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Sabbath School Lessons on Rebellion and Redemption
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Bruce N. Cameron, J.D.
is the author of these Sabbath School lesson study outlines. He is the Reed Larson Professor of Labor Law at Regent University School of Law. Professor Cameron has devoted his life to promoting the Gospel and defending believers. In addition to teaching at an overtly Christian law school, he continues his 41 year practice of law which is limited to the litigation of constitutional rights and religious freedom cases for employees. He holds an undergraduate degree from Andrews University and a Doctor of Law from Emory University School of Law.
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Lesson 11: Peter on the Great Controversy *
Introduction: This week we look at something we have studied many
times, the issue of grace and works. From my point of view, we cannot
study this topic too much. It is not that grace is so complicated,
but rather that our lives are complicated when we deal with practical
living. Works are important. They not only have a huge impact on the
quality of our life, more importantly they are central to the issue
of whether our lives give glory to God. Let's dive into our study and
see what practical lessons we can learn!
- Live Free, Live Right
- Read 1 Peter 2:1-3. Is it possible for you to "rid
yourself" of dishonesty, hypocrisy, envy and slander? Can
you "crave" pure spiritual milk? (Some of these are deeds
- for example the words we speak. But, some of them are
attitudes. All are hard to change by just declaring that
you are rid of them.)
- What does Peter mean when he says that you "may grow
up in your salvation?" (The great news is that we are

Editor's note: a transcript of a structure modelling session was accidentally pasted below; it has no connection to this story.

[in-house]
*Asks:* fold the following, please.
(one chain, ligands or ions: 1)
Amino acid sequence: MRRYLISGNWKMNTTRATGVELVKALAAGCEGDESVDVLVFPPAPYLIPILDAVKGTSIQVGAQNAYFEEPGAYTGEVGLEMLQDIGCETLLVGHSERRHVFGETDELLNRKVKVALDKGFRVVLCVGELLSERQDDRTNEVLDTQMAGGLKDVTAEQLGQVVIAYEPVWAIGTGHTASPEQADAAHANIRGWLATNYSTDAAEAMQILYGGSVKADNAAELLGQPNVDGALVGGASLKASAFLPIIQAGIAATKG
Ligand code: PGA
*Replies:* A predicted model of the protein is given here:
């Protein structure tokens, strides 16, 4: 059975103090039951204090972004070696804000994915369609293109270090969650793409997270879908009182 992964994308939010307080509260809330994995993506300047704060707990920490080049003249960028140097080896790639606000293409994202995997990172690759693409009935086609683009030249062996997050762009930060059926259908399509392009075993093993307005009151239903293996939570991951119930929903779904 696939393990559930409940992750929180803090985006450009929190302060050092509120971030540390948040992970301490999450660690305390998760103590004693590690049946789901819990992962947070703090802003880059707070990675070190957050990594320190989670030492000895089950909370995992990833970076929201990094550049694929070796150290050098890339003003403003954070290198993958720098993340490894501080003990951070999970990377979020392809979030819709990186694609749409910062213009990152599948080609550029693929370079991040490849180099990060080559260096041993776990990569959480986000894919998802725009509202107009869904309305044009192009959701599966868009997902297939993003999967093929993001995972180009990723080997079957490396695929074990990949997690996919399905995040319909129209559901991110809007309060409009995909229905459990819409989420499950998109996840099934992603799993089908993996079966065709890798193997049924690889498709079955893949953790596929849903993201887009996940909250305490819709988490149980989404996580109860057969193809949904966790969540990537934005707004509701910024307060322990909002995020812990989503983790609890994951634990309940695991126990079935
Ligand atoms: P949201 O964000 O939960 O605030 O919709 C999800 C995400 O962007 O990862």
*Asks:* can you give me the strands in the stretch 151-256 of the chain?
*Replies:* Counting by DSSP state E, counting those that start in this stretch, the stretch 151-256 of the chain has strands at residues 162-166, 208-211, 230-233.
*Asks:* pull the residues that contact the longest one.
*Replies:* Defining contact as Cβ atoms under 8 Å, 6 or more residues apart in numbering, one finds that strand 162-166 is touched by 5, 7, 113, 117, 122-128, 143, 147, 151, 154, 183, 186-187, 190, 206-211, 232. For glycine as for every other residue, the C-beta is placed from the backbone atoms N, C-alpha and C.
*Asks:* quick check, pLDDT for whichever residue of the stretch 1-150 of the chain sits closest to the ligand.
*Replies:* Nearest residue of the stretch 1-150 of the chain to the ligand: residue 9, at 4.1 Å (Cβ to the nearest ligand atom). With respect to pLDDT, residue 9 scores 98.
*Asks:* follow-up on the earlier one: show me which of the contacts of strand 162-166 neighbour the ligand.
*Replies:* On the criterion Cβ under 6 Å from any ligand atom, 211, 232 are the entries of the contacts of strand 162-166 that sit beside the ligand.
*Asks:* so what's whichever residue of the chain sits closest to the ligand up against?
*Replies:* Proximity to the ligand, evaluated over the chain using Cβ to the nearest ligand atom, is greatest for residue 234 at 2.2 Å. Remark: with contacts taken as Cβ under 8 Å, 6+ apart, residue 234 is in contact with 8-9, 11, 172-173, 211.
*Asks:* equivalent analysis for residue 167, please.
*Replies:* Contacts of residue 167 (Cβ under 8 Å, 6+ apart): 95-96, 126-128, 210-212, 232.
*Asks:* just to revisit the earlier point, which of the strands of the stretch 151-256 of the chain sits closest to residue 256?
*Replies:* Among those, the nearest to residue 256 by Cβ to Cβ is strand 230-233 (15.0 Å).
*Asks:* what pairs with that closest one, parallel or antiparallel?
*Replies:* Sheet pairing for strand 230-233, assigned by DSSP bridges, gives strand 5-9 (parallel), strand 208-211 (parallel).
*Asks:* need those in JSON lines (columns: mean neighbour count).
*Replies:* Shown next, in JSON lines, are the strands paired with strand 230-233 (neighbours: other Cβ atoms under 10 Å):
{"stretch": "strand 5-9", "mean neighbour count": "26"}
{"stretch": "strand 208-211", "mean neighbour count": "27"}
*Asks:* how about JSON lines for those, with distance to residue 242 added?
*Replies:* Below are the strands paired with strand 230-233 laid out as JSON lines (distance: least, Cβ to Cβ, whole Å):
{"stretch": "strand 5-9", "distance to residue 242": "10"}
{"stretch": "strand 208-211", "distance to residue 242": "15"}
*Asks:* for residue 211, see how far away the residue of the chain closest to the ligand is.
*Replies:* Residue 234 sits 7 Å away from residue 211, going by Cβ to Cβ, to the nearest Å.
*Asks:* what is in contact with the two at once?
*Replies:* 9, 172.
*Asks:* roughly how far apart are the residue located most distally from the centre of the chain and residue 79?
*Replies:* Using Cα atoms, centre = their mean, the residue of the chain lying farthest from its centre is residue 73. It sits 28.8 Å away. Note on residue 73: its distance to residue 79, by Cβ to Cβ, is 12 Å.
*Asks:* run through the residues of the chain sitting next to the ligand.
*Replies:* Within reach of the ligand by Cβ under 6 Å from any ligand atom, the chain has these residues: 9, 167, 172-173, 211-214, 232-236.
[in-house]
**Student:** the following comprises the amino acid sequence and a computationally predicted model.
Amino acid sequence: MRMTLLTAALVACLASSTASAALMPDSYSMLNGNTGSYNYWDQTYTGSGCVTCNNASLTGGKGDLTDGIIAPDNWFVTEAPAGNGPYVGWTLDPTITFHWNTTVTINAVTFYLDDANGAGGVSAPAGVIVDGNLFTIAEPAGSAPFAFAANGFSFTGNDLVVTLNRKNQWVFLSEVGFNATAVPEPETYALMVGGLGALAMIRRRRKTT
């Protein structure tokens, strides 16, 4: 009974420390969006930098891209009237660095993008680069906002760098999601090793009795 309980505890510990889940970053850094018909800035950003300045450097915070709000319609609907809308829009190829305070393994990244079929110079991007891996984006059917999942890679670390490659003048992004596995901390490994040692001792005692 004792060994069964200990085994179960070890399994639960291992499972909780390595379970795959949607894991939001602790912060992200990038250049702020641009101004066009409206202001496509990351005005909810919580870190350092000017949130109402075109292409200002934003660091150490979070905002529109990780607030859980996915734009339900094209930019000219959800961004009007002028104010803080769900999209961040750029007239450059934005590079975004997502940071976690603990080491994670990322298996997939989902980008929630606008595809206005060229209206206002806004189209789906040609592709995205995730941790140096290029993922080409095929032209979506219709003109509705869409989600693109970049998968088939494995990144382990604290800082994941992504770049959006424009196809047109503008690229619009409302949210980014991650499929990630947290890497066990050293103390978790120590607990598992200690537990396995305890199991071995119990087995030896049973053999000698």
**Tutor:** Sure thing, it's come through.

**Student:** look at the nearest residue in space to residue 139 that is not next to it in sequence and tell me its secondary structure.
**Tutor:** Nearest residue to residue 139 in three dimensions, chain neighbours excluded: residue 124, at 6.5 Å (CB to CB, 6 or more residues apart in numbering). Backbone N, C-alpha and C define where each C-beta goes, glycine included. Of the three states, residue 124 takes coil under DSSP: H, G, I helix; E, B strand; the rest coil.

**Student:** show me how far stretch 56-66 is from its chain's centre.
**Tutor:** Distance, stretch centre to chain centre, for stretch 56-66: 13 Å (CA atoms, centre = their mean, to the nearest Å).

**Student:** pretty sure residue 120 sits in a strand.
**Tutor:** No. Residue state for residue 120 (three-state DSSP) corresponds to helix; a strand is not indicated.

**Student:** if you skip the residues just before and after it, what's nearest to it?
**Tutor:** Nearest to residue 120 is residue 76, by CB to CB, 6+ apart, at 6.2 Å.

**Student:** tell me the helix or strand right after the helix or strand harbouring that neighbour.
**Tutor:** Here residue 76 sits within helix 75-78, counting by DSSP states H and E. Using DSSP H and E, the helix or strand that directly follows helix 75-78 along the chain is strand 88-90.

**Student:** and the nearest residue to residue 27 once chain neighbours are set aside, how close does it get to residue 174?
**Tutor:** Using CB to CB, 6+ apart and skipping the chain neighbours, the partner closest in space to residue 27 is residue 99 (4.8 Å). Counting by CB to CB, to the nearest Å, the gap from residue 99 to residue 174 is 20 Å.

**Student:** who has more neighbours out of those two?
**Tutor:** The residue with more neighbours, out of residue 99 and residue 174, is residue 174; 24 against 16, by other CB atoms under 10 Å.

saved by grace. Keeping our eye on these unwanted
deeds and attitudes comes after our salvation. They
do not provide our salvation.)
- What clue about how we should proceed is found in
Peter's statement, "now that you have tasted that the
Lord is good?" (I do not think focusing on sin is the
way to cure sin. When Peter says that we have
"tasted" the good things of God, he points us in the
direction to go. Focus on what is good, and what is
bad will tend to fall away. Being aware of what is
sinful is still important, and that is the reason
why, as we learned recently, we were given the Ten
- Read 1 Peter 2:4-5. Last week we discussed the importance
of the church. What does Peter say about the importance of
worship with fellow believers? (We are "living stones" in
a "spiritual house" in which we enter into a priesthood
offering spiritual sacrifices.)
- Aside from working together, that seems pretty vague.
What do you think it means to offer spiritual
sacrifices? (I think it is living a holy life,
advancing the Kingdom of God by what you do and what
- Read 1 Peter 2:6. How does this indicate that we "living
stones" should related to the "precious cornerstone?" (We
need to trust Jesus.)
- Now put this all together. How do we offer spiritual
sacrifices that will increase our taste for what is
good and decrease our taste for what is evil? (By
- Read 1 Peter 2:7-8. What does a "capstone" do? (It
protects the top. Jesus is not only our foundation
(cornerstone), He is our covering stone (capstone). We are
surrounded by His care.)
- What is Peter's point about the stumbling stone and
the capstone? We can either place our trust in Jesus,
or we can reject Him and He becomes a problem that
causes us to stumble and fall.)
- What does it mean that the evil are "destined" to
disobey? Does it mean that they have no choice, God
chose for them? (No. We are all destined to disobey.
That is what makes the sin problem so difficult for
all of us. The key to the sin problem is the
understanding, the trust, that we are saved by grace.
That is why Jesus is the stone floor and ceiling for
us, and a stumbling stone for the lost.)
- Read 1 Peter 2:9-10. What is our work? (To "declare the
praises" of our God who showed us mercy by saving us by
- Read 1 Peter 2:11-12. I've been pointing out the grace
aspect of what Peter is saying. What does Peter say is the
importance of right deeds? (They bring glory to God. They
show that the attacks of the world on Christianity are